The U.S. Department of Agriculture‘s (USDA) Animal and Plant Health Inspection Service (APHIS) does not even pretend to legitimately evaluate genetically-modified organisms (GMO) before approving them anymore, having recently green-lighted approval for a new variety of “drought-resistant” GM corn produced by Monsanto that admittedly grows no better under drought conditions than natural varieties do.
According to the Washington Post, APHIS fast-tracked the corn, known as MON87460, without ever conducting an appropriate environmental risk analysis on the crop’s efficacy, which includes determining whether or not the crop is even safe for humans or the environment. In fact, in accordance with the Obama Administration’s new hands-off approach to regulating GMOs, APHIS decided to actually approve MON87460 even after a cursory evaluation of the data exposed it as a complete failure.
“The reduced yield [trait] does not exceed the natural variation observed in regionally-adapted varieties of conventional corn,” wrote the USDA in an earlier report on the crop published last fall. “Equally comparable varieties produced through conventional breeding techniques are readily available in irrigated corn production regions” (http://www.naturalnews.com/032453_GM_corn_USDA.html).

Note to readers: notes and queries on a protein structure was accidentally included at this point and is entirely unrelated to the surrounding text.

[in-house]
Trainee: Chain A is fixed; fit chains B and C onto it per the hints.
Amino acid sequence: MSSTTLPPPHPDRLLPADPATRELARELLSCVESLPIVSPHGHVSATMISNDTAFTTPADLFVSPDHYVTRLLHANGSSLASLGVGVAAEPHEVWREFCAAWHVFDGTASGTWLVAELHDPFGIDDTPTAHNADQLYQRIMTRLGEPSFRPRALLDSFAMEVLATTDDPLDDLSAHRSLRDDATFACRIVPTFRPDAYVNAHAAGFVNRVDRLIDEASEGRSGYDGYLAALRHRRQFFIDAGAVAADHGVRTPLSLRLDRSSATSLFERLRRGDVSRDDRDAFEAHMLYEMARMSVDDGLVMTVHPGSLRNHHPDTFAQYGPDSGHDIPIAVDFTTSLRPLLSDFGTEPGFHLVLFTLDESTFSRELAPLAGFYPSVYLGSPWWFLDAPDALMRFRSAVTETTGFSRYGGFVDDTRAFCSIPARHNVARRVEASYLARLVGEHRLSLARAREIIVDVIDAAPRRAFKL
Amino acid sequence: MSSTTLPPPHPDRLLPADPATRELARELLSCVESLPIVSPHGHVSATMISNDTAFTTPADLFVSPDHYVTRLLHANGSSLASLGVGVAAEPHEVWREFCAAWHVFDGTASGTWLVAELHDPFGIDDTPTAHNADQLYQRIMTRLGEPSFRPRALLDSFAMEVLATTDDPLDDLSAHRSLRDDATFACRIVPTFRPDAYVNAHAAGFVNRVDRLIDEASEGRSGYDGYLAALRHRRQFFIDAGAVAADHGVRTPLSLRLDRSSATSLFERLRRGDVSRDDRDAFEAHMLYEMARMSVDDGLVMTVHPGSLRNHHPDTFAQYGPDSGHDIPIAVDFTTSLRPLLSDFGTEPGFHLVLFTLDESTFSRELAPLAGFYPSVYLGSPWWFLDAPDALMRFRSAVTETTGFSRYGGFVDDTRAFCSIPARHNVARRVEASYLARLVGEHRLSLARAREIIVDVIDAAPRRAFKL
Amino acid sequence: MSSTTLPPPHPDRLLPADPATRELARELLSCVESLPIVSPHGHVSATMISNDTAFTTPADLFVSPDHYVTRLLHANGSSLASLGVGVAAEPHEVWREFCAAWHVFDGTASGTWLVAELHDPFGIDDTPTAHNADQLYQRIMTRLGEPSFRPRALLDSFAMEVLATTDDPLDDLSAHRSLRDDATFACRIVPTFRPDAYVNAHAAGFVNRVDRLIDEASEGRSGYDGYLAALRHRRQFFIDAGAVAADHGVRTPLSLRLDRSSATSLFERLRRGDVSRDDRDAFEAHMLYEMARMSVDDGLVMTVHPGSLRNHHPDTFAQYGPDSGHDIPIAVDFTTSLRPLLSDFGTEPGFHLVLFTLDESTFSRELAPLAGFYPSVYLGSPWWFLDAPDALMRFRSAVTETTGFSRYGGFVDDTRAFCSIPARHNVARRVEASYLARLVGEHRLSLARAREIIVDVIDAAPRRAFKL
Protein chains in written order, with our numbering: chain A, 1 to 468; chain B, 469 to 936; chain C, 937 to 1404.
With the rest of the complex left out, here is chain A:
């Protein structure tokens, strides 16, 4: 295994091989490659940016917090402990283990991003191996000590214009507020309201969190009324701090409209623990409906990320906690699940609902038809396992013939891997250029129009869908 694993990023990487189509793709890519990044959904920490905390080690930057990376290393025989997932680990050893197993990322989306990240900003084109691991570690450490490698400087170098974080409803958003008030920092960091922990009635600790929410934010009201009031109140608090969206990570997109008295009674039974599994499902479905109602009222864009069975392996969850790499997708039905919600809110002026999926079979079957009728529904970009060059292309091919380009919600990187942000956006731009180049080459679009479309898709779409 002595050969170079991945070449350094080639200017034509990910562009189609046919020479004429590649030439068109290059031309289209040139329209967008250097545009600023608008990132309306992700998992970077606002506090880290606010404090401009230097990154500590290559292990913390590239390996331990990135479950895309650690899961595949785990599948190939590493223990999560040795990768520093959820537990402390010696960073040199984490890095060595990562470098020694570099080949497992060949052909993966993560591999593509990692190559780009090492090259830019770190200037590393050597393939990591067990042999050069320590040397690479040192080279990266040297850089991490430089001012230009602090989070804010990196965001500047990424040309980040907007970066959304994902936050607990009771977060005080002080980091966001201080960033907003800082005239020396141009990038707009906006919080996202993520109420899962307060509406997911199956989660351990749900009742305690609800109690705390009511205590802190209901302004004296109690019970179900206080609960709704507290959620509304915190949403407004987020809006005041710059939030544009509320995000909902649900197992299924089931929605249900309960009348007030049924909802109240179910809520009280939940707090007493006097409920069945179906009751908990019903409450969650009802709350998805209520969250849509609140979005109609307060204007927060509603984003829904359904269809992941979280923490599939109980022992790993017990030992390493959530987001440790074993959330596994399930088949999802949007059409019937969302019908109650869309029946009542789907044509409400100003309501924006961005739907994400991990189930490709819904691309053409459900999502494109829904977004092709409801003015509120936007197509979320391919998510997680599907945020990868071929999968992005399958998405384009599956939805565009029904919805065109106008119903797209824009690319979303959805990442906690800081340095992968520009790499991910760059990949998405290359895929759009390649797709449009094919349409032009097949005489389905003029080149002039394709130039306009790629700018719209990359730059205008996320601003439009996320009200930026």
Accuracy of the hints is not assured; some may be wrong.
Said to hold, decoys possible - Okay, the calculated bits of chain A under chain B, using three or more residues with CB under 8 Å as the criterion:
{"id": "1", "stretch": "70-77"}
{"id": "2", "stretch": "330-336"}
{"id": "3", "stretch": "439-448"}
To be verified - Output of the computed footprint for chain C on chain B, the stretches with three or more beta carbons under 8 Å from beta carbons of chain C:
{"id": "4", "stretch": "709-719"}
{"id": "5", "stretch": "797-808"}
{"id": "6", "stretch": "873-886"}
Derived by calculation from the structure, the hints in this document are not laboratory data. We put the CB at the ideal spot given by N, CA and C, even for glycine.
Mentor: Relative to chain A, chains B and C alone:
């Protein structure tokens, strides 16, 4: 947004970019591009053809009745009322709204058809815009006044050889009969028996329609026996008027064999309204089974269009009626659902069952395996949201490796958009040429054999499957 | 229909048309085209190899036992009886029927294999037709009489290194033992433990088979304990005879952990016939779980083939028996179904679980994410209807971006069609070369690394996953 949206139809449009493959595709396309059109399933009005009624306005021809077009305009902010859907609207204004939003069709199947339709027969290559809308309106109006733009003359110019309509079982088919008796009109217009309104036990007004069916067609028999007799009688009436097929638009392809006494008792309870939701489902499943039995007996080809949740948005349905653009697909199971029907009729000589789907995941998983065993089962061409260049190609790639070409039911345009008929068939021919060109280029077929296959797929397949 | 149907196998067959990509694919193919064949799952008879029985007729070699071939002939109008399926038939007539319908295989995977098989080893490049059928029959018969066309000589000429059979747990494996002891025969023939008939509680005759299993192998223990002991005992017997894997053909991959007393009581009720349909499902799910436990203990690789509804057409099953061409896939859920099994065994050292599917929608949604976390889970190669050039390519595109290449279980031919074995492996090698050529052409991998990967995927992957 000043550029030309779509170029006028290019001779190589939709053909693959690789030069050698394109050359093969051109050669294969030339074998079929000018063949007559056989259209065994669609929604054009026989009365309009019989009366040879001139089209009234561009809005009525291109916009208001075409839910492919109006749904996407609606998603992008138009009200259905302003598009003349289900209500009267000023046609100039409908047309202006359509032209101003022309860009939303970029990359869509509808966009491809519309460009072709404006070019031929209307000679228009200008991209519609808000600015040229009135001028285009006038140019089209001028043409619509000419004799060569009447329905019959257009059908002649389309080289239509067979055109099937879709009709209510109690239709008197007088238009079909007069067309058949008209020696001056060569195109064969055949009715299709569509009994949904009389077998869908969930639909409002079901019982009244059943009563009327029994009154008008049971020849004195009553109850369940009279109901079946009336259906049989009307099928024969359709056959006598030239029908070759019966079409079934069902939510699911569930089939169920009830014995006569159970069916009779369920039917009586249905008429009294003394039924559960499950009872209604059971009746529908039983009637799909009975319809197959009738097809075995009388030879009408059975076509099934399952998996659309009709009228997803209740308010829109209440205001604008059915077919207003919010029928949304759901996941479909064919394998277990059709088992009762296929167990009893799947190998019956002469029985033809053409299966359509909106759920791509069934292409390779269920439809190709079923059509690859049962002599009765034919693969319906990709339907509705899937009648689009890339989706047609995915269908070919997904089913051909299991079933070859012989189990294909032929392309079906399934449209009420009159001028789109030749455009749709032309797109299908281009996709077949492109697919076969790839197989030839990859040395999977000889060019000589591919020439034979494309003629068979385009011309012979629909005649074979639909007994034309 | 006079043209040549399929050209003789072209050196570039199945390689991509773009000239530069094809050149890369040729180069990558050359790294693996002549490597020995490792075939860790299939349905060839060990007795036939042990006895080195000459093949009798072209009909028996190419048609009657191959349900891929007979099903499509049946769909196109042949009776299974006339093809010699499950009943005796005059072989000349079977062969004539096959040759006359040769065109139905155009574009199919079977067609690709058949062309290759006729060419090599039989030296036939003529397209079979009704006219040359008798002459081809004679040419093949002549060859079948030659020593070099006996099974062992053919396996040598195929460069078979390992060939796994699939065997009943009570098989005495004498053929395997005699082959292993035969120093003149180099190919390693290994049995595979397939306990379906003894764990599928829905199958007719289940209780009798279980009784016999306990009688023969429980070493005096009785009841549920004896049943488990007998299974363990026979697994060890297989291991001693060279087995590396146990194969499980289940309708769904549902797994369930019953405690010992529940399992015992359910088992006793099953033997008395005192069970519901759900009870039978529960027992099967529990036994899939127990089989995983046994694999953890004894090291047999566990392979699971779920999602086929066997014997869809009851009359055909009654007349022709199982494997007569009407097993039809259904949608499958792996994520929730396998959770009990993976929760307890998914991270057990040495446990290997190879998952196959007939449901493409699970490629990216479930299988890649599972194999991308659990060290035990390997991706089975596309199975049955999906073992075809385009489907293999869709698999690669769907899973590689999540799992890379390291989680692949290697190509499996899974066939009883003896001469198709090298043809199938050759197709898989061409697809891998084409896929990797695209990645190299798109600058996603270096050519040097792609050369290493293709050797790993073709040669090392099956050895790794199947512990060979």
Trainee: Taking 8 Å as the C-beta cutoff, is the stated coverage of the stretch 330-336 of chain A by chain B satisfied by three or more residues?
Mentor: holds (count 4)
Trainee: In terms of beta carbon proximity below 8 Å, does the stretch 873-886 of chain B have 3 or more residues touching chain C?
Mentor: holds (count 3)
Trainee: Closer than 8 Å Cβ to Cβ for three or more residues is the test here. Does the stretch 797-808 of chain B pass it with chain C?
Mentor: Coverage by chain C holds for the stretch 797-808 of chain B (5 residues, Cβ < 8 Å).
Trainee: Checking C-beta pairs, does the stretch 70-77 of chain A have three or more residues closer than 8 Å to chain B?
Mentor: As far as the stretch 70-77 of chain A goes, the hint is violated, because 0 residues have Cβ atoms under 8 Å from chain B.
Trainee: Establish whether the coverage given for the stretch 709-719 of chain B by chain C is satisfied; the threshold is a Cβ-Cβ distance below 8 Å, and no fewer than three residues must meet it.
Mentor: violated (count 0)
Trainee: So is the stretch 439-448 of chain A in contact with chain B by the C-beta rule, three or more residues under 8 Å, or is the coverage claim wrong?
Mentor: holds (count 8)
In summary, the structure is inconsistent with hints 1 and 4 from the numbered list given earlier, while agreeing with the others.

MON87460 is the first GMO to be approved with resistance to drought, as opposed to a pesticide or herbicide. And even though many drought-adaptive varieties of natural or hybrid corn already exist, Monsanto is pushing MON87460 on farmers all across the Midwest, and primarily in the Western plains where drought conditions are still severe, with promises that it will translate into increased yields.
Based on its initial findings, however, as well as the fact that GM crops are known to contaminate nearby conventional and organic crops, APHIS should have wholly rejected MON87460 and told Monsanto to hit the road. Instead, thanks to embedded special interests throughout the USDA and the highest levels of the federal government, this former regulatory body has become nothing more than a bureaucratic rubber stamp for the biotechnology industry.
“[Bio]technology has been spectacularly unsuccessful at delivering complex traits such as drought tolerance, which involve multiple genes and complex interaction with the plant’s environment,” wrote Dr. Helen Wallace, director of GeneWatch U.K., in a piece last year on so-called drought-tolerant GM crops. “Meanwhile, conventional breeding and new techniques such as marker-assisted selection — which uses knowledge of the plant’s genome to inform breeding, without engineering the plant, have produced a long string of successes.”
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